Each terminal casts glimpses into the perennial migrant that is Curtis, without giving him away before the final card is dealt. As Curtis remains a bit of a mystery throughout – providing a curious counterpart to Gerry’s transparent distress – he becomes a bit of a noble savage of the open road. But Reynolds handles the character better than most, injecting Curtis with just the right amount of playboy charm without trotting into the obnoxious snark that too often characterizes him as an actor.
As the duo near their final destination, Gerry’s unconscionable side sees the light of day and Mendelsohn is able to work the character into empathic though despicable territory. With a losing streak this hot, we pity Gerry rather than cheer him to a win because we know that one win inevitably leads to five losses.
Strong chemistry between Mendelsohn and Reynolds ease the more predictable elements from taking hold and directors Anna Boden and Ryan Fleck‘s ability to slam the occasional magical surrealism into his pragmatic sentiment makes Mississippi Grind a well-played victory, if not a chip-sweeping royal flush.
If there’s one thing Ridley Scott‘s Exodus: Gods and Kings gets right it’s the amount of hairstyles Christian Bale can rock in one movie. I stopped counting after about the eight iteration of mangy hair/trim beard to mangy beard/trim hair transformation. Eventually some gray enters the mix. It’s very life affirming.
That ever changing facial hairiness belongs to Moses, the badass war commander from the Bible. See you may mistakenly remember Moses as a peace loving, water-parting, commandment-carrying lover of all things Hebrew but Scott’s film reminds us of his true roots: slicin’ and dicin’ Barbarian hordes. Because what is a Ridley Scott movie without scene of “civilized” warriors running down rudimentary inferiors? In 3D, it’s all the more punishing.
Moses starts the film as a Prince of Egypt, a devout servant to the Egyptian throne and underling to the one and only Jesus (John Turturro with drawn on eyebrows). Moses is the cousin to hairless heir Rhamses, an antagonist with a serious case of the Charlie Browns and an even worse case of miscasting. Moses advices Rhamses in matters of … uh… untold things? and tries to quell his overly developed Commodus qualities by being sword twinsies. Plucked right from Gladiator, Jesus (ok fine, Turturro’s real name is Seti) tells Moses he wishes that it could be him who takes the reins after his demise, but alas! that vexing bloodline thing! After a fraudulent Ben Mendelsohn ousts Moses as a Hebrew with a birthright (that being a birthright to drown in a river like all those other pesky Hebrew babies), Rhamses throws a hissy and gives Moses the boot from his kingdom of pyramids and cat statues. Plagues follow.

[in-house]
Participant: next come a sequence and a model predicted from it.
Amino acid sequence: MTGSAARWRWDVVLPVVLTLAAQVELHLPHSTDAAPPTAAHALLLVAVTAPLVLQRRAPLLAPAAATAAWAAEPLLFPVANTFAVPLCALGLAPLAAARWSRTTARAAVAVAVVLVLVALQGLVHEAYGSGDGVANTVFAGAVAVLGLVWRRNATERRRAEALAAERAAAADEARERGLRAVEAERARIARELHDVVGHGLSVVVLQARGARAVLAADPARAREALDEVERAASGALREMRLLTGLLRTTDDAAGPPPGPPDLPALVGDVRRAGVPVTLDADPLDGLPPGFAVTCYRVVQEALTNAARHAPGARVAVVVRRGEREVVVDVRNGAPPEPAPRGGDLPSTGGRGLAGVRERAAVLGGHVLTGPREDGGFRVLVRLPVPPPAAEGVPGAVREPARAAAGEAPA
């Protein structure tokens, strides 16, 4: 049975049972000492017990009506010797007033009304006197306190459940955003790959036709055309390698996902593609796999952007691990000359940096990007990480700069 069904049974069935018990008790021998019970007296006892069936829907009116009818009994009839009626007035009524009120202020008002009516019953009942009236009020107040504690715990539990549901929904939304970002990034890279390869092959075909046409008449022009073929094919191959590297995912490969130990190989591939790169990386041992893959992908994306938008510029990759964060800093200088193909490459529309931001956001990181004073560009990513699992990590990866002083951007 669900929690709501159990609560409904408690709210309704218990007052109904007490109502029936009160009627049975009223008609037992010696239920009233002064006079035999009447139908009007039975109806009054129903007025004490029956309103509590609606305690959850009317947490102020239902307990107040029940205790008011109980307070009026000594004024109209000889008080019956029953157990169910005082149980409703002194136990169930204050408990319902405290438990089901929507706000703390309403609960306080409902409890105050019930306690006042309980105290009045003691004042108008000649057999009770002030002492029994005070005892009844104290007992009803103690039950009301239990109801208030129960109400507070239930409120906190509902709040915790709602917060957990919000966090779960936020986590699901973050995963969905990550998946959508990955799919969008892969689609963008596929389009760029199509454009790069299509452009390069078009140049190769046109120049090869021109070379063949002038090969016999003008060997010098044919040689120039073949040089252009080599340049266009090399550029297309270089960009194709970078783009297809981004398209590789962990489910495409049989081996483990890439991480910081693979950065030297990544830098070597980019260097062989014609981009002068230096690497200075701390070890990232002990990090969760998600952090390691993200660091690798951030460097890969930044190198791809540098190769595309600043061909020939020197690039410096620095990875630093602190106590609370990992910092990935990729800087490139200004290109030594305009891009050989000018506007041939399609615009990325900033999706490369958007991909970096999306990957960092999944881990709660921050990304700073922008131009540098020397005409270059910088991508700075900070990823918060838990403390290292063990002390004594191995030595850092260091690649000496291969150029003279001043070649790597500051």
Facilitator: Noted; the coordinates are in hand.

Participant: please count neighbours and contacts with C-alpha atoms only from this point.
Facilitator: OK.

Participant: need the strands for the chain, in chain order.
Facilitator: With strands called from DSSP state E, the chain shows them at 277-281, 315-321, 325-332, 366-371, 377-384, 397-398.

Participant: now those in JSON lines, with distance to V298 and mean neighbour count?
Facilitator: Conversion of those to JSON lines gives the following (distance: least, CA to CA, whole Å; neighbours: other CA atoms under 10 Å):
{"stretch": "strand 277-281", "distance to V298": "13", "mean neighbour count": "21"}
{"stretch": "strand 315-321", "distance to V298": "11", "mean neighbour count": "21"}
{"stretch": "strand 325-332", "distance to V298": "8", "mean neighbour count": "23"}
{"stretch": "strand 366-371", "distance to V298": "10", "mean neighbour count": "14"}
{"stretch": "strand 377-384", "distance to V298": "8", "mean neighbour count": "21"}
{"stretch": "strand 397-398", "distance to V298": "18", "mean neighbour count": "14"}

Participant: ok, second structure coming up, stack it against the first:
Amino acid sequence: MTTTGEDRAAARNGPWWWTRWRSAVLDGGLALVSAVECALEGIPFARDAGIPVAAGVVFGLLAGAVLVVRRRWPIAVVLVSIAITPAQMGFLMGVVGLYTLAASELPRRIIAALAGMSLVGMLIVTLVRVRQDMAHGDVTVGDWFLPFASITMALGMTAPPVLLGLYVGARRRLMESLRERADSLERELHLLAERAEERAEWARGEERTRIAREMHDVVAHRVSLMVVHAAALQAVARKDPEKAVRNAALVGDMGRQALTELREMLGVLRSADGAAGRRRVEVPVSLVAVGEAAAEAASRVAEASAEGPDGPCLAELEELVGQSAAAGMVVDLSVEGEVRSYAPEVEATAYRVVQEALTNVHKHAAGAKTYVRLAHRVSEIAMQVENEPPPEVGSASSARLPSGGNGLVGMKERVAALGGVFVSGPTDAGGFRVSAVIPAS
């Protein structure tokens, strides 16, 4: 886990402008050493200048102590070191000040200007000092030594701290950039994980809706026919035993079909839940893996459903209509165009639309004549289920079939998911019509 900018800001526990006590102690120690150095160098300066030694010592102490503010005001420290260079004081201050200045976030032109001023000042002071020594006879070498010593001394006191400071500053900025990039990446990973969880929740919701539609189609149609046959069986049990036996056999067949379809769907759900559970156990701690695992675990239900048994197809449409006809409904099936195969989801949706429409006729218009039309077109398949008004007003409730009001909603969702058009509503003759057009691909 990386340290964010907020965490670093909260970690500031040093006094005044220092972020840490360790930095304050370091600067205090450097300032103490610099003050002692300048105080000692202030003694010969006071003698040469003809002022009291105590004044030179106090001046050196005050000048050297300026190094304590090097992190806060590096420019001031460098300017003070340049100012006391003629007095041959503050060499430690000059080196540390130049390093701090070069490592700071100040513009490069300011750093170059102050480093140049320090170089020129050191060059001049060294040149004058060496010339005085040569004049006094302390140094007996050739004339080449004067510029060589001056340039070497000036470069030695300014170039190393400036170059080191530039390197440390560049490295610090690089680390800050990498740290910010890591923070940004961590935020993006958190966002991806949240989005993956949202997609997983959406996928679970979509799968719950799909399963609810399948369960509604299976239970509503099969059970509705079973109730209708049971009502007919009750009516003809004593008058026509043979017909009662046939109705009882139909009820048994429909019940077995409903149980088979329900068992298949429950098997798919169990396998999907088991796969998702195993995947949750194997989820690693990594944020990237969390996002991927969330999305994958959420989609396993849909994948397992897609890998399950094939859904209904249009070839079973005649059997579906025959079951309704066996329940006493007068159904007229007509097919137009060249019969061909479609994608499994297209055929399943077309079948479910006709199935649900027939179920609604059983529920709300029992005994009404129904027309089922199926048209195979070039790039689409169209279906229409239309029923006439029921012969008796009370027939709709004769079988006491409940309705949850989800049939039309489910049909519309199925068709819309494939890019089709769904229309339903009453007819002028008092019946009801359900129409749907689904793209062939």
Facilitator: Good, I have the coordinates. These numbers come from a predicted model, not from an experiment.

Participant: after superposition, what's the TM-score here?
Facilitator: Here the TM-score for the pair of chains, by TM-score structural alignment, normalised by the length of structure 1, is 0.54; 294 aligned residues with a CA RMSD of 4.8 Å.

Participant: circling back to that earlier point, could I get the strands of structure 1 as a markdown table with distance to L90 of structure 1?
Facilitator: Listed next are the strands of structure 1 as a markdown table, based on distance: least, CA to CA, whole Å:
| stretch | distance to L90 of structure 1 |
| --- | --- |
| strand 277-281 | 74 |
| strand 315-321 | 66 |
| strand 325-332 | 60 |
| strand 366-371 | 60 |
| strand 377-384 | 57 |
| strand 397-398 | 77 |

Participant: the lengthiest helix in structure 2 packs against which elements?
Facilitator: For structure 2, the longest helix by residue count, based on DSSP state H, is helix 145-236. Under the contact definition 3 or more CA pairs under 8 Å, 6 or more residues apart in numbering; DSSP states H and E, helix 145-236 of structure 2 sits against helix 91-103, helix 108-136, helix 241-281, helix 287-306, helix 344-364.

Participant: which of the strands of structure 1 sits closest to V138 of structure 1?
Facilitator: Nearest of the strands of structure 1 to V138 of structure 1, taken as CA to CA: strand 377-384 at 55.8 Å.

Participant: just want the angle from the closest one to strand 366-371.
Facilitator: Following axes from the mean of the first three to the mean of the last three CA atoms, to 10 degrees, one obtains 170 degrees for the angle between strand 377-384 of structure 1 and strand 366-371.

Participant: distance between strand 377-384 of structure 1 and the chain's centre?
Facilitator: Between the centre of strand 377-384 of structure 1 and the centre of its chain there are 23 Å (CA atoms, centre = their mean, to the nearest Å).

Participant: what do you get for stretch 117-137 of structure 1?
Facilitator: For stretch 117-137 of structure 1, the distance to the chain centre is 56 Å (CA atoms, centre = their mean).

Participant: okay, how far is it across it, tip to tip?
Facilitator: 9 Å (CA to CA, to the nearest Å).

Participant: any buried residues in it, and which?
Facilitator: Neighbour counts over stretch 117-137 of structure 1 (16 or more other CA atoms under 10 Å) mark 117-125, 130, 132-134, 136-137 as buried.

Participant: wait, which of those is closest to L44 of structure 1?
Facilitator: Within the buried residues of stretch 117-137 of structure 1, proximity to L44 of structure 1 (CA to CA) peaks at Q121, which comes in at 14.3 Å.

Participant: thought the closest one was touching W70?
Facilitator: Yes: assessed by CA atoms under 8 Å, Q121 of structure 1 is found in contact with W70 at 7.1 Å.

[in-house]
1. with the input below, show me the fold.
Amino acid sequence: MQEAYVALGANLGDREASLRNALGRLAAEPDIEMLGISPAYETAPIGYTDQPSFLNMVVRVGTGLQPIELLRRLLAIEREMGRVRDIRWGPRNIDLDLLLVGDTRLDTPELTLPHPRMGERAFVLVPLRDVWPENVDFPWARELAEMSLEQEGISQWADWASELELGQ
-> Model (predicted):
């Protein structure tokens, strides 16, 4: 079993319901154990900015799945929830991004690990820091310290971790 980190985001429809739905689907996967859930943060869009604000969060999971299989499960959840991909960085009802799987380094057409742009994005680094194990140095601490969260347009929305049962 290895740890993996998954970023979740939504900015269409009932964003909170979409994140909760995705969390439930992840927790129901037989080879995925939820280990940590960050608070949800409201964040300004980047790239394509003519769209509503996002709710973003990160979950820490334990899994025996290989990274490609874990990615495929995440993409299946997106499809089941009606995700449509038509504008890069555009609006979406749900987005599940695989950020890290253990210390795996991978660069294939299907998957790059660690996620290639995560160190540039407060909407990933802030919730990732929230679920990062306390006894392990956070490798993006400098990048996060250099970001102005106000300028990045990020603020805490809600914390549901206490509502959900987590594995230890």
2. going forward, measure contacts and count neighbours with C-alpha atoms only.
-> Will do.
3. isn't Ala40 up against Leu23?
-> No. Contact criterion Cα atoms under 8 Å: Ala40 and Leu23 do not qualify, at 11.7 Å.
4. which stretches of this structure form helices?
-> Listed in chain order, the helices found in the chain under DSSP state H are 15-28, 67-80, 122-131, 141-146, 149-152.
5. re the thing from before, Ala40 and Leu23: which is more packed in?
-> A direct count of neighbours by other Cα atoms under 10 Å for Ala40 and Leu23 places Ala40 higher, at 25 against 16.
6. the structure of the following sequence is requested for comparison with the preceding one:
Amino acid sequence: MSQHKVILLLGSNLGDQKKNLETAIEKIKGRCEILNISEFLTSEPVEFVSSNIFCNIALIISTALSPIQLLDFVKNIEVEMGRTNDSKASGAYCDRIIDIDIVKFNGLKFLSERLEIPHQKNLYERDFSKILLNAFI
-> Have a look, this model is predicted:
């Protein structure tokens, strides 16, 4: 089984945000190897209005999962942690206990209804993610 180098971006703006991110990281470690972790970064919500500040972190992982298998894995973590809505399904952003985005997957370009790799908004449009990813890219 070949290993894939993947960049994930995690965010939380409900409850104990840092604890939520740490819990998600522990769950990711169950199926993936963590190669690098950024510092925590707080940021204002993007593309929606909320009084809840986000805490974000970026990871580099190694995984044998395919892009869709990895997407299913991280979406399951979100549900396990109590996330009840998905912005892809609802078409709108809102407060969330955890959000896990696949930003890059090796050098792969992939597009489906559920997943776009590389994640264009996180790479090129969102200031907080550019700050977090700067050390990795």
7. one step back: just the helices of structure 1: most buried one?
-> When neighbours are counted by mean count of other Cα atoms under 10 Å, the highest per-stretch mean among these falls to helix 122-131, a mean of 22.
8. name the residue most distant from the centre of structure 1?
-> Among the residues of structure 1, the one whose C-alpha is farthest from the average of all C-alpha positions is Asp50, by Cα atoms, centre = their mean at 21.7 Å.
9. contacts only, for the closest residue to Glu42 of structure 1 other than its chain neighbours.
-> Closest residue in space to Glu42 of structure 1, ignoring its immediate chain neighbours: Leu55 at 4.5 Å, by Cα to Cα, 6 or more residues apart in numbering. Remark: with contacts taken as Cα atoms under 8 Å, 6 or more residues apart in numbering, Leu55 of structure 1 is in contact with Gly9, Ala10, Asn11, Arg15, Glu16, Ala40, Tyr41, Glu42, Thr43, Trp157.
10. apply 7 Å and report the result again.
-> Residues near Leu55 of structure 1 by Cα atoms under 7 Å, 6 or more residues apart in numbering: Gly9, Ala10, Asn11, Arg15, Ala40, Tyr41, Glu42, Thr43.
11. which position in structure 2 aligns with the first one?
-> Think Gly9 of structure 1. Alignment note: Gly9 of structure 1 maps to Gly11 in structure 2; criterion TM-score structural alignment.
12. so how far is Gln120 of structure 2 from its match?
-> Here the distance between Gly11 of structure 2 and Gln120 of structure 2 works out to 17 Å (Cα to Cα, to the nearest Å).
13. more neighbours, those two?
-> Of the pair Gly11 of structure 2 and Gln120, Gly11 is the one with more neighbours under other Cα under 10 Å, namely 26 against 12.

For what feels like forty days and forty nights, the film is as much of a slog as its title implies. The diaspora of narrative is as thinned out as Moses’ herd of hungry hungry Hebrews. No stone is left unturned as the screenplay by committee (four credited screenwriters) make room for just about every uninteresting element in Moses’ 120 year long life. See Moses struggle with leaving his (Muslim?) family, Moses trekking there and back again and then back again and then back again, Moses’ teach his flock to rise and rise again until lambs turn to lions and, finally, Moses waiting horrified in the wings as God unleashes a lashing of super gnarly pandemics.
Squatting somewhere on a fence between super-naturalism and realism, Exodus never can make up its mind about how pragmatic it wants its divinity to be. The whole celestial curse comes with a footnote of “How the Plagues Could Have Actually Happened” (narrated by the film’s best Ewen Bremmer lookalike) that mostly involves alligator fights and acne. As things heat into a realm of “don’t mention it” magical realism, a deathly hallow of blackness consumes the lives of first borns a big fat dementor. When Scott gets around to revealing God as a neatly shaved, petulant child with an overdeveloped sense of vengeance, things get laughable.
Bale, as always, is up to the task, even if the film itself is not. He gives his all to Moses. Both the battle-worn soldier and the identity-confused harbinger of commandments are juicy with Bale’s overzealous commitment to character. The rest of the performances are disposable at best. Jesse Pinkman (Aaron Paul, who FEELS NO PAIN!!!!) peeks around corners and catch Moses in the act of talking to God (aka talking to a bush like a madman) not once, not twice but a heaving four times.
Ben Kingsley shows up because it’s a movie about Egypt so Ben Kingsley has to show up. Signourney Weaver is stuffed inside some horrendous Egyptian dress to spout out some vitriol about something or other and then never reappear. But it’s Edgerton who suffers most under the weight of Rhamses’ stupidly whitewashed part. The character is dumb enough before draping itself in pale yellow anacondas.
To watch Exodus is to endure exodus. At 150 mins, it’s easily one of the most taxing films of the year and surely one of its least inspired blockbusters. Darren Aronofsky struggled to find his footing in Noah and misstepped more than once, but at least there was some kind of palpable driving force behind that film. Here, it’s a challenge to make heads or tails of the intent. It seems like a $140 million dollar tax write off starring Christian Bale’s hair-growing abilities.